Video Friday is your weekly selection of awesome robotics videos, collected by your Automaton bloggers. We'll also be posting a weekly calendar of upcoming robotics events for the next few months; here's what we have so far (send us your events!): Let us know if you have suggestions for next week, and enjoy today's videos. It only takes 10 Spotpower (SP) to haul a truck across the Boston Dynamics parking lot ( 1 degree uphill, truck in neutral). These Spot robots are coming off the production line now and will be available for a range of applications soon.
It's been a little over two years since we were first introduced to Astrobee, an autonomous robotic cube designed to fly around the International Space Station. Tomorrow, a pair of Astrobee robots (named Honey and Bumble) will launch to the ISS aboard a Cygnus cargo flight. There's already a nice comfy dock waiting for them in the Japanese Experiment Module (JEM), and the plan is to put them to work as soon as possible. After a bit of astronaut-assisted setup, the robots will buzz around autonomously, doing experiments and taking video, even operating without direct human supervision on occasion. NASA has big plans for these little robots, and before they head off to space, we checked in with folks from the Intelligent Robotics Group at NASA's Ames Research Center in Moffett Field, Calif., to learn about what we have to look forward to.
Logitech's popular Harmony universal remotes have long been the go-to solution for tech-savvy nerds who want to replace the bounty of ugly rectangles littering their coffee tables with a single, all-powerful option. But universal remotes are still pretty complex on their own, with dozens of buttons and, in some cases, LCD screens. You're basically swapping several remotes for something that looks like it belongs in one of NASA's Mission Control Centers. Now, there's something simpler: the Harmony Express, a compact universal remote that replaces a slew of buttons with Amazon Alexa voice controls. The $250 Express isn't meant to replace the Harmony Elite, which Logitech released back in 2015 and is still one of the best high-end universal remotes around.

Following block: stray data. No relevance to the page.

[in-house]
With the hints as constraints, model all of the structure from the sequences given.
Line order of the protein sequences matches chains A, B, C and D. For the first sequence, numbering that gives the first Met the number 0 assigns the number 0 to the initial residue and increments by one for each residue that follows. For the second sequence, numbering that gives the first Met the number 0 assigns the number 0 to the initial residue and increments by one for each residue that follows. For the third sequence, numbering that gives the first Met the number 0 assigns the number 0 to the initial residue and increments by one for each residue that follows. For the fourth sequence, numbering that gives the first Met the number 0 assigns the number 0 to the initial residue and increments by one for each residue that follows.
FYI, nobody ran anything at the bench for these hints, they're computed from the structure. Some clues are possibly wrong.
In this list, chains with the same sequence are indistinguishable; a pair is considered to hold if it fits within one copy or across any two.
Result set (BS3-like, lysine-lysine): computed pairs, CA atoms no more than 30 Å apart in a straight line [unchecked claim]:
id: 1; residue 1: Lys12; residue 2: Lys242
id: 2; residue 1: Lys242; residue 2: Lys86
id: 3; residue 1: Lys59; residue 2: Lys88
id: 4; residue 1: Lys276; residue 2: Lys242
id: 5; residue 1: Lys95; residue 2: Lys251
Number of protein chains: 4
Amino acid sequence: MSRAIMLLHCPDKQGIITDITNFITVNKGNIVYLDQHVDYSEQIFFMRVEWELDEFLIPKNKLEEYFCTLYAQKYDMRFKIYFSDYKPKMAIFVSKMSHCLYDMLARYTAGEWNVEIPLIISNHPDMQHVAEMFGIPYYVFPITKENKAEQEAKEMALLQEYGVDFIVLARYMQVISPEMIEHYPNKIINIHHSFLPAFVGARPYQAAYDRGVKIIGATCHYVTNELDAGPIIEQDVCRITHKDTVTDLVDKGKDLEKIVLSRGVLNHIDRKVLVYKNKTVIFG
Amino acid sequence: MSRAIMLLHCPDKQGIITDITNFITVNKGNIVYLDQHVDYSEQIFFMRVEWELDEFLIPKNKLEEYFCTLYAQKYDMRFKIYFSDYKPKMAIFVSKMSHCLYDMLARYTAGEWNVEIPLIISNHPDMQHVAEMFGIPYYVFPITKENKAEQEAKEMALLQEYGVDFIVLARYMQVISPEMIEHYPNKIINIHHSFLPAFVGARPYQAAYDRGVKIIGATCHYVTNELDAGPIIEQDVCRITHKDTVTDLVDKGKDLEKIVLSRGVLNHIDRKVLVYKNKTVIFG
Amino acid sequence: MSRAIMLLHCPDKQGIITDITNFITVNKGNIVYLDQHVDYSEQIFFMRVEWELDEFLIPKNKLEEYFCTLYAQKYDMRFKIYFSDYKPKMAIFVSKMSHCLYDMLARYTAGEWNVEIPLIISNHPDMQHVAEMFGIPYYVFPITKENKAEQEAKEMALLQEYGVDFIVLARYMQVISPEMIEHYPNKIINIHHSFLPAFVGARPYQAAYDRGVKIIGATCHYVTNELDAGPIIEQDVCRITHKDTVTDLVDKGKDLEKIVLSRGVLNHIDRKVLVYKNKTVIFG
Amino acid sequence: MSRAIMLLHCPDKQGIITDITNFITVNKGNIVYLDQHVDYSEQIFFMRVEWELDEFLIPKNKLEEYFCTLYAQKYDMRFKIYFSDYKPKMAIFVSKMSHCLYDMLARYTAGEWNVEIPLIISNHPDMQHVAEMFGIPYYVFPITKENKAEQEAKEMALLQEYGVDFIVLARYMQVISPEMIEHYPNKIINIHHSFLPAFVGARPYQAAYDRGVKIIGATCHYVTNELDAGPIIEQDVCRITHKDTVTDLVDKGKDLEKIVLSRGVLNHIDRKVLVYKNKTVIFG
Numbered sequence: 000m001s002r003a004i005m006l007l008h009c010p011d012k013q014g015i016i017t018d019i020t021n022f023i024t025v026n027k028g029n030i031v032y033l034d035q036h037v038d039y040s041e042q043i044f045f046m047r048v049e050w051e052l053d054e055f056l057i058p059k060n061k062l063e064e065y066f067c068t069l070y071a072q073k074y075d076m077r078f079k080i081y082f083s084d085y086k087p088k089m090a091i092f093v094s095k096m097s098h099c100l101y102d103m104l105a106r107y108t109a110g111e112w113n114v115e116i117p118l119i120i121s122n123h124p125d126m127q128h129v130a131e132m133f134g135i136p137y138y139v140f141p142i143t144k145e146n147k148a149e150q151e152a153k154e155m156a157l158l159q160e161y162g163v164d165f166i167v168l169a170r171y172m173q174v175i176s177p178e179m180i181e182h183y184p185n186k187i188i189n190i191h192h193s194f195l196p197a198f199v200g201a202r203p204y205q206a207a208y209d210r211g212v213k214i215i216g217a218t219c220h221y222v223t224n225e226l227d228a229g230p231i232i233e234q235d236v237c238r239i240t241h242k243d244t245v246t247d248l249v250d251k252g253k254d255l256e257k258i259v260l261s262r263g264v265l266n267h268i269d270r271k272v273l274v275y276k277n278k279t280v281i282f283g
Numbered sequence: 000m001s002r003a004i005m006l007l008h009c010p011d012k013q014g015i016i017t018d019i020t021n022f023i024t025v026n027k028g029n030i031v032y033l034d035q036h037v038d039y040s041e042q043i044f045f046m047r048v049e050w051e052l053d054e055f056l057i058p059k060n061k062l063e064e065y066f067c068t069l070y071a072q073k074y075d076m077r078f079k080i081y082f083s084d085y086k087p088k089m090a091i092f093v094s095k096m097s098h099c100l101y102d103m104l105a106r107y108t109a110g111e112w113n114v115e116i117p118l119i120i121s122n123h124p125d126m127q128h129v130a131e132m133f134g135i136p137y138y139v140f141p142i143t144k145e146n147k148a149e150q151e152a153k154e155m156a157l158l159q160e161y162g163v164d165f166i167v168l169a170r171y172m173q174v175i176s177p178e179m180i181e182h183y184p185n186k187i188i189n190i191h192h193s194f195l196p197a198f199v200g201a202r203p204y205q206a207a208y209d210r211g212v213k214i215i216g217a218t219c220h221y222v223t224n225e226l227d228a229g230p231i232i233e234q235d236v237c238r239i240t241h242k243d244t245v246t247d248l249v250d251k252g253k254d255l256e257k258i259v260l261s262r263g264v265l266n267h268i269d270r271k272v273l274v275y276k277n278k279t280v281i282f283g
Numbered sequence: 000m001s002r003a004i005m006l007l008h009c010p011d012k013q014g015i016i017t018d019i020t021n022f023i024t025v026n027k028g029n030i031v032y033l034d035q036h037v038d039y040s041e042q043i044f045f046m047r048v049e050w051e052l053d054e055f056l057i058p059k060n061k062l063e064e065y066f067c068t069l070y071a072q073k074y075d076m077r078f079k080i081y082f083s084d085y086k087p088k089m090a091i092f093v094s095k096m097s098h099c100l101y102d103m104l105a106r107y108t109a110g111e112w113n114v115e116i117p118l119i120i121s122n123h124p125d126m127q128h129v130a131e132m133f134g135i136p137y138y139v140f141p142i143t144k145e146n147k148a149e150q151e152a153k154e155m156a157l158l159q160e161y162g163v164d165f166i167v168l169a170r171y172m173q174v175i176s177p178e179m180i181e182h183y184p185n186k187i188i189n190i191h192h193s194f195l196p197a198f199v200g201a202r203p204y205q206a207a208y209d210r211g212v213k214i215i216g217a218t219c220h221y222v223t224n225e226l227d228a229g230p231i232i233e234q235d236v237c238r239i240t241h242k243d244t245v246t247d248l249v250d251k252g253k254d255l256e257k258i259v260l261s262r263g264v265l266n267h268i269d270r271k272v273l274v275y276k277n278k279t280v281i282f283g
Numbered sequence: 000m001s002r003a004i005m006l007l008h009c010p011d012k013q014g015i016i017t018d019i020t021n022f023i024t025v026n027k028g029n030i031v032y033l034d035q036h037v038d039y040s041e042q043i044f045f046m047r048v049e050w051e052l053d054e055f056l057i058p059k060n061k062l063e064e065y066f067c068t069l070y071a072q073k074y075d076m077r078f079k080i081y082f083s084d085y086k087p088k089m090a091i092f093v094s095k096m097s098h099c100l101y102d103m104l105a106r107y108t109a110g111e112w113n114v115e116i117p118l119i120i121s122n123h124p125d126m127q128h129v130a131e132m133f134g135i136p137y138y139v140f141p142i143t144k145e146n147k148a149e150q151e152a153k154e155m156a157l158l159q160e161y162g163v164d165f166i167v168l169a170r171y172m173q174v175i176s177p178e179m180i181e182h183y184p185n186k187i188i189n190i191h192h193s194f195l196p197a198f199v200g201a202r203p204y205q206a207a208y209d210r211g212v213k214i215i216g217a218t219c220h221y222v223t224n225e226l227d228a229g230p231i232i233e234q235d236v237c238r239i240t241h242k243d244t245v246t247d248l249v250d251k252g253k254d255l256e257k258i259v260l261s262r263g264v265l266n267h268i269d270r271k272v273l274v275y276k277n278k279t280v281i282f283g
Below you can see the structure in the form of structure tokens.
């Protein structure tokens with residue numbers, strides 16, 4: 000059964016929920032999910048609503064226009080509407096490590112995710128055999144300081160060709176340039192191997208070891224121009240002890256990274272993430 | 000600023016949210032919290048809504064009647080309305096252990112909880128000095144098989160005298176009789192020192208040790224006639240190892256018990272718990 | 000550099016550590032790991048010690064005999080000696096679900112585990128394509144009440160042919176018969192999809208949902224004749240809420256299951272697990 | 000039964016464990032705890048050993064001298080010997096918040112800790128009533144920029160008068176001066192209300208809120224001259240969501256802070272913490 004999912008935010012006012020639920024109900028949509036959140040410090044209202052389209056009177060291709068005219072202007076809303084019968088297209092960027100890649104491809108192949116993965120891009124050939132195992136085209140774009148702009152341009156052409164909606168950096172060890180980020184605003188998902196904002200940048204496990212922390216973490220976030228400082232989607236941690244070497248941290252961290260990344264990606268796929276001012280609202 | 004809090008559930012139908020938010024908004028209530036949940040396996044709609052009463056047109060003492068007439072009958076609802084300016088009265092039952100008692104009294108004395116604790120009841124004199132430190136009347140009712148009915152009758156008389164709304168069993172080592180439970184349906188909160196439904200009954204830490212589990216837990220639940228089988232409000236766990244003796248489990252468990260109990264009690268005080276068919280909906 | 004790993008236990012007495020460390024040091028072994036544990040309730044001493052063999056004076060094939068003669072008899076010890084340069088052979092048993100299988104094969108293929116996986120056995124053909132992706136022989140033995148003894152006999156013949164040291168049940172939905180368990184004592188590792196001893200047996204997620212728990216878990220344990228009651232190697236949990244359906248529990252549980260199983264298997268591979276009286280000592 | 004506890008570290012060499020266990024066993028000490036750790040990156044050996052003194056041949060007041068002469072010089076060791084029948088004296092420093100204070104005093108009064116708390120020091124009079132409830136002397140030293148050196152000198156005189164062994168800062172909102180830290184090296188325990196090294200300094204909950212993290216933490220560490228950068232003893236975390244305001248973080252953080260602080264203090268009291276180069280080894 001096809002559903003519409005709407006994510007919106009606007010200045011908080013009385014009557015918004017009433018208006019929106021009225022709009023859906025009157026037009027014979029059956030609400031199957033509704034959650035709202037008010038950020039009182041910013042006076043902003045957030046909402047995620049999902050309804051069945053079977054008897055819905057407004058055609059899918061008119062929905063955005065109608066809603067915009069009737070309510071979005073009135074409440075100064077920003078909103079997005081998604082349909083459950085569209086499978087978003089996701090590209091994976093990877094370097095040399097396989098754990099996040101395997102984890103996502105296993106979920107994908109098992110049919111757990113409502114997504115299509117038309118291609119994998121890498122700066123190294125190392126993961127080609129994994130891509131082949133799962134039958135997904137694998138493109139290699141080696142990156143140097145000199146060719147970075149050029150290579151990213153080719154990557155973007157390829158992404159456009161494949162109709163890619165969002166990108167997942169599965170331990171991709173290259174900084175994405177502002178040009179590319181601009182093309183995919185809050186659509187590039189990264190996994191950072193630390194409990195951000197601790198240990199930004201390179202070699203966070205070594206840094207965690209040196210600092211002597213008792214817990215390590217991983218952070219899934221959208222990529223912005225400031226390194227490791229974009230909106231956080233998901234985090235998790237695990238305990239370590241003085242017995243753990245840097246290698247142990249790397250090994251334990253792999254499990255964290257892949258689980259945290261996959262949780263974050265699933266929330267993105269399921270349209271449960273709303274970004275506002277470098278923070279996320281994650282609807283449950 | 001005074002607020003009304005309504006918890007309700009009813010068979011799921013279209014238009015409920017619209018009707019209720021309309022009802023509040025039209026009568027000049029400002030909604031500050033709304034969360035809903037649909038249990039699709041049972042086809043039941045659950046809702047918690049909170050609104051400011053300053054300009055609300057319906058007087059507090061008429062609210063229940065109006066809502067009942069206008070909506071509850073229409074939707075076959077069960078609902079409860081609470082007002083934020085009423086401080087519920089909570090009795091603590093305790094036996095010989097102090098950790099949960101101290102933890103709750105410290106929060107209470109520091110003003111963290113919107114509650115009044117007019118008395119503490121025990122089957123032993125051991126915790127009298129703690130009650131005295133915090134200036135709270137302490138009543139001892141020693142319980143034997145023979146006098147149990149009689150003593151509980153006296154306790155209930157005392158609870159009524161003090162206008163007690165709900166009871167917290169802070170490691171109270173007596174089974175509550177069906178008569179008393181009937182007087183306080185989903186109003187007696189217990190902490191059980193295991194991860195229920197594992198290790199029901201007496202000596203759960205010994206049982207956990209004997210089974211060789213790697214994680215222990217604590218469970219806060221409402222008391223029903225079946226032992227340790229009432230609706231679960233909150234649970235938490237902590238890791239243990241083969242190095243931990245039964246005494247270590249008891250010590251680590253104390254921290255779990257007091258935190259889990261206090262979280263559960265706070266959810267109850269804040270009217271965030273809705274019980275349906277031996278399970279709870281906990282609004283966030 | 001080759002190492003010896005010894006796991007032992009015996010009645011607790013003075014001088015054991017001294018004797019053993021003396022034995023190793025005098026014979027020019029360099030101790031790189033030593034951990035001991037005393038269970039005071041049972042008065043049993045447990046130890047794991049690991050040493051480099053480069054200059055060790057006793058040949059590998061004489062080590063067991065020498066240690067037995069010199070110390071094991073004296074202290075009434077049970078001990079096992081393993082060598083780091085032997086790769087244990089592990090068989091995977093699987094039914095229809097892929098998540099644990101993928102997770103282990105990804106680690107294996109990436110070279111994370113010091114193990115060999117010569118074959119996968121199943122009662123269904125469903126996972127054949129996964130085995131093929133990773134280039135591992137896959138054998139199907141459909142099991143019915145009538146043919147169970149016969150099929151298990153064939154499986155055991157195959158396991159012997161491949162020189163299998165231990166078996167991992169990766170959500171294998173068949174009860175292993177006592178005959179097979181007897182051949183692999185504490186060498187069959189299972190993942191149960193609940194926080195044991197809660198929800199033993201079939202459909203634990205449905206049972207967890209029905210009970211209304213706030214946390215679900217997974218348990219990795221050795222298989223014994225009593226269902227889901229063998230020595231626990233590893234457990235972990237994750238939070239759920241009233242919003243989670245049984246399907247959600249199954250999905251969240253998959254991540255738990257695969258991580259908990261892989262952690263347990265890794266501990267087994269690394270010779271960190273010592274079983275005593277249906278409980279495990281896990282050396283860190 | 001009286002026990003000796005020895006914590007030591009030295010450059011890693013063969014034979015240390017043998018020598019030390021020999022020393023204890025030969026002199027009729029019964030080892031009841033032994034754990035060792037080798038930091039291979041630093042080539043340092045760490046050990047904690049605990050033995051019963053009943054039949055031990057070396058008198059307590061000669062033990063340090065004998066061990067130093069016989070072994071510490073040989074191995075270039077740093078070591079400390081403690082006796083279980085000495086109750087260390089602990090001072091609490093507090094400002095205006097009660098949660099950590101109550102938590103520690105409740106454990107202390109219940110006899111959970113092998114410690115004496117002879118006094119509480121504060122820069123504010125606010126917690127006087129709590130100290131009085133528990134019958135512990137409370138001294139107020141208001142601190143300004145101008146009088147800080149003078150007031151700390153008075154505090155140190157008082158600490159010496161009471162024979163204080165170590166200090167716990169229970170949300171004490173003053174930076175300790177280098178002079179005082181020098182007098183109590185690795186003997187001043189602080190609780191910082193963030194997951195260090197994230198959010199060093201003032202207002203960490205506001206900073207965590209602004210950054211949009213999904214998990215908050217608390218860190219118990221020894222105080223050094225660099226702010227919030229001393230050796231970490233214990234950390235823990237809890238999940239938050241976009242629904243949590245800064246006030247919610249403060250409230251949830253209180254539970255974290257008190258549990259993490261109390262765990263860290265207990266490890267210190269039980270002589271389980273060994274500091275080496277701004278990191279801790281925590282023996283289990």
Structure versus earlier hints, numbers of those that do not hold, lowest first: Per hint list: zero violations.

What they did: The SDO instrument in question is known as MEGS-A, and it was designed to keep an eye on ultraviolet radiation levels, which correlate with a ballooning of the Earth's outer atmosphere that can harm satellites in near-Earth orbit. A deep-learning network that researchers at NASA Frontier Development Lab created with help from IBM, SETI, and Nimbix in 2018 may soon replace the failed instrument by inferring what ultraviolet radiation levels that instrument would detect based on what the other instruments on SDO are observing at any given time, NASA AI consultant Graham Mackintosh tells Axios. While NASA isn't yet using the fix operationally, the results are promising, Mackintosh added. What to watch: AI models like this could also be used for other future missions, Mackintosh said. Instead of loading 3 instruments on a satellite to measure different aspects of the space environment, you could potentially launch two and use the data collected to infer the information that would have been measured by a third.